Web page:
States with the most small scale solar

How much solar energy costs, and how to deal with it

The Center for Sustainable Energy says the average cost of installing a residential solar system ranges from $15,000 to $25,000, depending on the size of the system.

However, there are some ways to mitigate that upfront cost:

  • The return on investment. Homeowners can offset the installation cost in 15 years or less from the savings on electricity bills. Federal tax incentives currently allow for a tax credit of 22 percent of the installation cost. (The credit is set to expire in 2022.) Texas doesn’t levy additional property taxes on the increase in a home’s value due to a solar installation.
  • Getting a loan. Traditional lenders and solar installation companies offer loans for homeowners who want to go solar. Terms vary depending on the amount borrowed and other factors. It’s important for homeowners to weigh the cost of repaying the loan vs. their existing monthly electricity bills to make sure they’re getting a good deal.
  • Leasing the system. Solar companies often will pay the cost of the installation in return for a homeowner’s agreement to pay a set amount each month for 15 to 20 years. Again, the repayment should be less than the homeowner’s monthly bill.

Considering rooftop solar? Some questions to ask

A lot of companies have entered the solar installation market. That means it’s important to make sure you’re hiring a reputable one.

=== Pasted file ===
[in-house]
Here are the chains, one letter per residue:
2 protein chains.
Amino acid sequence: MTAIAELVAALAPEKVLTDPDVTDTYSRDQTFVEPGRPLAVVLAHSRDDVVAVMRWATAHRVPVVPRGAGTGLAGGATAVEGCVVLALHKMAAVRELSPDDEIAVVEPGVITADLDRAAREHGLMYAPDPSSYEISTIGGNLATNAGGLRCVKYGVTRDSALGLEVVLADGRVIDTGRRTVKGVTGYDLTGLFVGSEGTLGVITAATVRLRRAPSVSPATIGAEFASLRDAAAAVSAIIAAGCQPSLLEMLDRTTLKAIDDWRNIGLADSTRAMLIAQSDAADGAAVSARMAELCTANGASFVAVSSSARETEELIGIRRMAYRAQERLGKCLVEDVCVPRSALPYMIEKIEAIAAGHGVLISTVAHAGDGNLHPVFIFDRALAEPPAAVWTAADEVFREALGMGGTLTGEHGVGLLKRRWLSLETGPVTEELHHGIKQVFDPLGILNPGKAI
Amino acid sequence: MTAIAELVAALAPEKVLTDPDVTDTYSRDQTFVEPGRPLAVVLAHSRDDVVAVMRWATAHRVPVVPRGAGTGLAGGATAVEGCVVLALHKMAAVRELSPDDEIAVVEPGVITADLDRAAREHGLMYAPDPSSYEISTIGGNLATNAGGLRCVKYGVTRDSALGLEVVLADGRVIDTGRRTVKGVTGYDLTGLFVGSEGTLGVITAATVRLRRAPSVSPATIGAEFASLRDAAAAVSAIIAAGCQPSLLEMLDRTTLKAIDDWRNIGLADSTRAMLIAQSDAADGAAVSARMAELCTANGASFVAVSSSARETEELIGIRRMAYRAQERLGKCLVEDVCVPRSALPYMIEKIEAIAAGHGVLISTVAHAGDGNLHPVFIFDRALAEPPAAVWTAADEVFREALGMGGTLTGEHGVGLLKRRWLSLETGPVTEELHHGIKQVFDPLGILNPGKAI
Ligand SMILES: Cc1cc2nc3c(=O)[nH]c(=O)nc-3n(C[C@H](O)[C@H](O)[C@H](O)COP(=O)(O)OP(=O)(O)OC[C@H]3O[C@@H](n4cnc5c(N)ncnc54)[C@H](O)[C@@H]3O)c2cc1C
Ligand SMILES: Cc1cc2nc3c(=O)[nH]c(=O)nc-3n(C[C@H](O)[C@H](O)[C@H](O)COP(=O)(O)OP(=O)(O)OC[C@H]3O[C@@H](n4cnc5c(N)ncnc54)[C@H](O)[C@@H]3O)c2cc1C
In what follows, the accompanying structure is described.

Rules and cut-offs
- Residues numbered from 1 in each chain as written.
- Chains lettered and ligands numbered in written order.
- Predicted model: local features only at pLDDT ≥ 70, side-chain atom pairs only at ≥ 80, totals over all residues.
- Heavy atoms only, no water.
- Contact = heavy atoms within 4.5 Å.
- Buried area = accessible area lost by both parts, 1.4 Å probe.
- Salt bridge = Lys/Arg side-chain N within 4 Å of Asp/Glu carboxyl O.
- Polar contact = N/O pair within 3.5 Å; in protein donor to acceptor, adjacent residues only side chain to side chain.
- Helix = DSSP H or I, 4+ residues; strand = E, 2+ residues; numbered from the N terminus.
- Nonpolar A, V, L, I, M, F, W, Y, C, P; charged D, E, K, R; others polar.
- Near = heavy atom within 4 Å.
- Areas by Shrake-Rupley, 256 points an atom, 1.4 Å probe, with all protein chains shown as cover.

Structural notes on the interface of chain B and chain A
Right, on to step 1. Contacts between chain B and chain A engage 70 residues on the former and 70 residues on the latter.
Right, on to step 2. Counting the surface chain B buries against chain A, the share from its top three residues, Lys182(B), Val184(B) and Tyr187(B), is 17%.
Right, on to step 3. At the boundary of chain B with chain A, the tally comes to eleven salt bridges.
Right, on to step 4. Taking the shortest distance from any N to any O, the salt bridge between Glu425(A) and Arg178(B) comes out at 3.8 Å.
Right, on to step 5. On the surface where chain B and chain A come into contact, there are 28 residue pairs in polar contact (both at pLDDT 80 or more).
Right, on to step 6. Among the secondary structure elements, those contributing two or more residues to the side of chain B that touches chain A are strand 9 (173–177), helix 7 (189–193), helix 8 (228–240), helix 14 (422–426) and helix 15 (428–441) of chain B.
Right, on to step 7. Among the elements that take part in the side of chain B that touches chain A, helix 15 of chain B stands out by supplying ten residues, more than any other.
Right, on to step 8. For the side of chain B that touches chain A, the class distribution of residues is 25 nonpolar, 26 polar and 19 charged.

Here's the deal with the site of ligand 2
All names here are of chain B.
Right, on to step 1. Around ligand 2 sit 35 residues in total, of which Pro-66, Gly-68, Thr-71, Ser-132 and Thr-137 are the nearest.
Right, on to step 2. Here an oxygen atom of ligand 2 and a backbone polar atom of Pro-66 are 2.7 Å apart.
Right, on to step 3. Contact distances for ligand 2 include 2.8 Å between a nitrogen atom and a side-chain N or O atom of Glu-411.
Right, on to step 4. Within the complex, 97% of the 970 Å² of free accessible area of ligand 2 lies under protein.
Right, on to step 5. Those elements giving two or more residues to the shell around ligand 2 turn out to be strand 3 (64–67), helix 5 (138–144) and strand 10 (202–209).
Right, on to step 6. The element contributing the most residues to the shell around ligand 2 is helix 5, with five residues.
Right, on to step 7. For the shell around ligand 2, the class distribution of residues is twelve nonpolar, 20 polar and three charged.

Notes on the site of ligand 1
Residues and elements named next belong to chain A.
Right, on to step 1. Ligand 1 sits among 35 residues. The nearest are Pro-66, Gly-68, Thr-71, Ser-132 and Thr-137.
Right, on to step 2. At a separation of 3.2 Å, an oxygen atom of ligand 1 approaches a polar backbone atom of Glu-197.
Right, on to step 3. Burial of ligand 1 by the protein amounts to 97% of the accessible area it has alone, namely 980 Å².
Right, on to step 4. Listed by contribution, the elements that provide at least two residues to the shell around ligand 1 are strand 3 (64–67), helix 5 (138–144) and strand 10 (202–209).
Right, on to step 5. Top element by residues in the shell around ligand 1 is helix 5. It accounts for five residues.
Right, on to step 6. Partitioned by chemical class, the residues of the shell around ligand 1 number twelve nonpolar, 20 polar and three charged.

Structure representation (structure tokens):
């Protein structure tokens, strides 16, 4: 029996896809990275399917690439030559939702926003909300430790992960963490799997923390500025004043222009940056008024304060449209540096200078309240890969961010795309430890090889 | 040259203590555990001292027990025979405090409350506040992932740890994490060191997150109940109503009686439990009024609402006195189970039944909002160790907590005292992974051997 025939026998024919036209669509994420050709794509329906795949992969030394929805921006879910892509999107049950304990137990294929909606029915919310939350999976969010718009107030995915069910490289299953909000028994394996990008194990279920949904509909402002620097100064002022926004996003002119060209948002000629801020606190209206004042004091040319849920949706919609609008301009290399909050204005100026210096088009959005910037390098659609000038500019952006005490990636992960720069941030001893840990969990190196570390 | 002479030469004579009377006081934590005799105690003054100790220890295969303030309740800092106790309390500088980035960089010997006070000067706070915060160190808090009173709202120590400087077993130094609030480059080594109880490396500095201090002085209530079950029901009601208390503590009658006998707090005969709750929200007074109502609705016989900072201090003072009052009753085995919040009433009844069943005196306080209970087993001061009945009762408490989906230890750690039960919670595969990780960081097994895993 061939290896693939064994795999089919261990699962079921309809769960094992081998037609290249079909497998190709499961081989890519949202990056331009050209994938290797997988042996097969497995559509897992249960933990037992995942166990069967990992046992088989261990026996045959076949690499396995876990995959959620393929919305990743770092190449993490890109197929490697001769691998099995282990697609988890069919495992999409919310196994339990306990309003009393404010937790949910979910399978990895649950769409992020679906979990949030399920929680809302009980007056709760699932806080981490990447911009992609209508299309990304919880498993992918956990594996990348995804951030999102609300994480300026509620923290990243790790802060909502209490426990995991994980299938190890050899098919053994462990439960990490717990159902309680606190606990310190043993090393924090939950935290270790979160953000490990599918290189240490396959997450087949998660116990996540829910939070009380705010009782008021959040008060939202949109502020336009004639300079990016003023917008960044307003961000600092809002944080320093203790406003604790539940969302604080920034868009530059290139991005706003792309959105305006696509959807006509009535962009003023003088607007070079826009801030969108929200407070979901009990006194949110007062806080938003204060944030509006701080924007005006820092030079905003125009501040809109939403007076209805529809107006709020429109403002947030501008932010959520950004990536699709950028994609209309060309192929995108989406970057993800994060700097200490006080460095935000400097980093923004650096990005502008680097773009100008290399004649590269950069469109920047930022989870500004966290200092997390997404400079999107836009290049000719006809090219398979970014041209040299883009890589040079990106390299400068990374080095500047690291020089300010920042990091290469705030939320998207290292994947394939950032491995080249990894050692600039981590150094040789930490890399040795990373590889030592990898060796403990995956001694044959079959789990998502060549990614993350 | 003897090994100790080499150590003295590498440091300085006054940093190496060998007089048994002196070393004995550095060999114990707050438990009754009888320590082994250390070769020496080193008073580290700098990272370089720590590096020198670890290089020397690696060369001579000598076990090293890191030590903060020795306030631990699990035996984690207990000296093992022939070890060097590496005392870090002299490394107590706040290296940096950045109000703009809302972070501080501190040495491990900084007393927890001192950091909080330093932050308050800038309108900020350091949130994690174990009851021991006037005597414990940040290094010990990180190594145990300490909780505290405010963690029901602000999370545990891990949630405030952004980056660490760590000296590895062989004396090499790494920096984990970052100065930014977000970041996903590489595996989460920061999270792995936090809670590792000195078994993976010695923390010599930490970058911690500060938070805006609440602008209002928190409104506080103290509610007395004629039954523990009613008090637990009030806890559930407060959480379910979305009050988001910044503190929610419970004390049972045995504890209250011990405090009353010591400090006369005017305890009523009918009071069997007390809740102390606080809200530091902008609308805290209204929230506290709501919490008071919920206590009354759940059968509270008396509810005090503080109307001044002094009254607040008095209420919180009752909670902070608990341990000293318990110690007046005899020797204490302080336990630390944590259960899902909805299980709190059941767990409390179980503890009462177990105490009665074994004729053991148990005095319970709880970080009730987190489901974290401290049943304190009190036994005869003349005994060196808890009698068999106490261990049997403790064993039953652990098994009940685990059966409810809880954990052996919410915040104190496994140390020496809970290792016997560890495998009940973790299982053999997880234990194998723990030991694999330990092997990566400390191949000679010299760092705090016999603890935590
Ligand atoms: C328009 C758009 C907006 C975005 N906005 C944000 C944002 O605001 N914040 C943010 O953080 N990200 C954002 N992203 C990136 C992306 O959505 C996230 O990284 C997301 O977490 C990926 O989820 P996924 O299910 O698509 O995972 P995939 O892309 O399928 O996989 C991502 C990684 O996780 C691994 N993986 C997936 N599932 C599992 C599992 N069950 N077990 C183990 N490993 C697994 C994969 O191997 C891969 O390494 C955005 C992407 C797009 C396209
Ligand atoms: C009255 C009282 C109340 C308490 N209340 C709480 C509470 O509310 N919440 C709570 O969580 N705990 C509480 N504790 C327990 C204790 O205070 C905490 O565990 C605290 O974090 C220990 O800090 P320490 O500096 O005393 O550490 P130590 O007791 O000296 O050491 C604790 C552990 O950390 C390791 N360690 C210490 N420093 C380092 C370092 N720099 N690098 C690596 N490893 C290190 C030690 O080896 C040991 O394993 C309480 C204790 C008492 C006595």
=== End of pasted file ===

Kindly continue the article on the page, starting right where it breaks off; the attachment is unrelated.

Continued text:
Among the questions you should ask a prospective installer:

  • Are you licensed in Texas?
  • Are you fully insured?
  • What guarantee do you offer?
  • How much experience do you have?
  • Do you have references?
  • What kind of system do you intend to install?
  • Can my roof support this type of system?
  • Will you subcontract any of the installation?

Frequently asked questions about rooftop solar systems

Here are some questions many homeowners have about solar rooftop systems:

Should I replace my roof before adding panels?

Maybe. Most roofs last about 20 years. If yours is near that age, it makes sense to replace it before you install solar panels. Otherwise, the panels will have to be removed and reinstalled, adding to the cost of the project.

How long will my system last?

Typically, solar panels are guaranteed for 20 to 25 years, the National Renewable Energy Laboratory says. However, it should be noted that panel performance degrades over time, so it may not be as efficient as it gets older.

Will my home’s resale value be hurt if I install solar panels?

Just the opposite. The U.S. Department of Energy says two studies have shown your system will increase the home’s resale value by about $15,000. (This is the reason the Texas property tax exemption is important.)

How can I use electricity at night or on cloudy days?

Photovoltaic panels still generate electricity if clouds partially block the sun, and they don’t require direct sunshine. Systems come with battery storage, too, and most remain connected to the state’s electricity grid, so you’re covered when there’s no sun.

updated 3/25/2021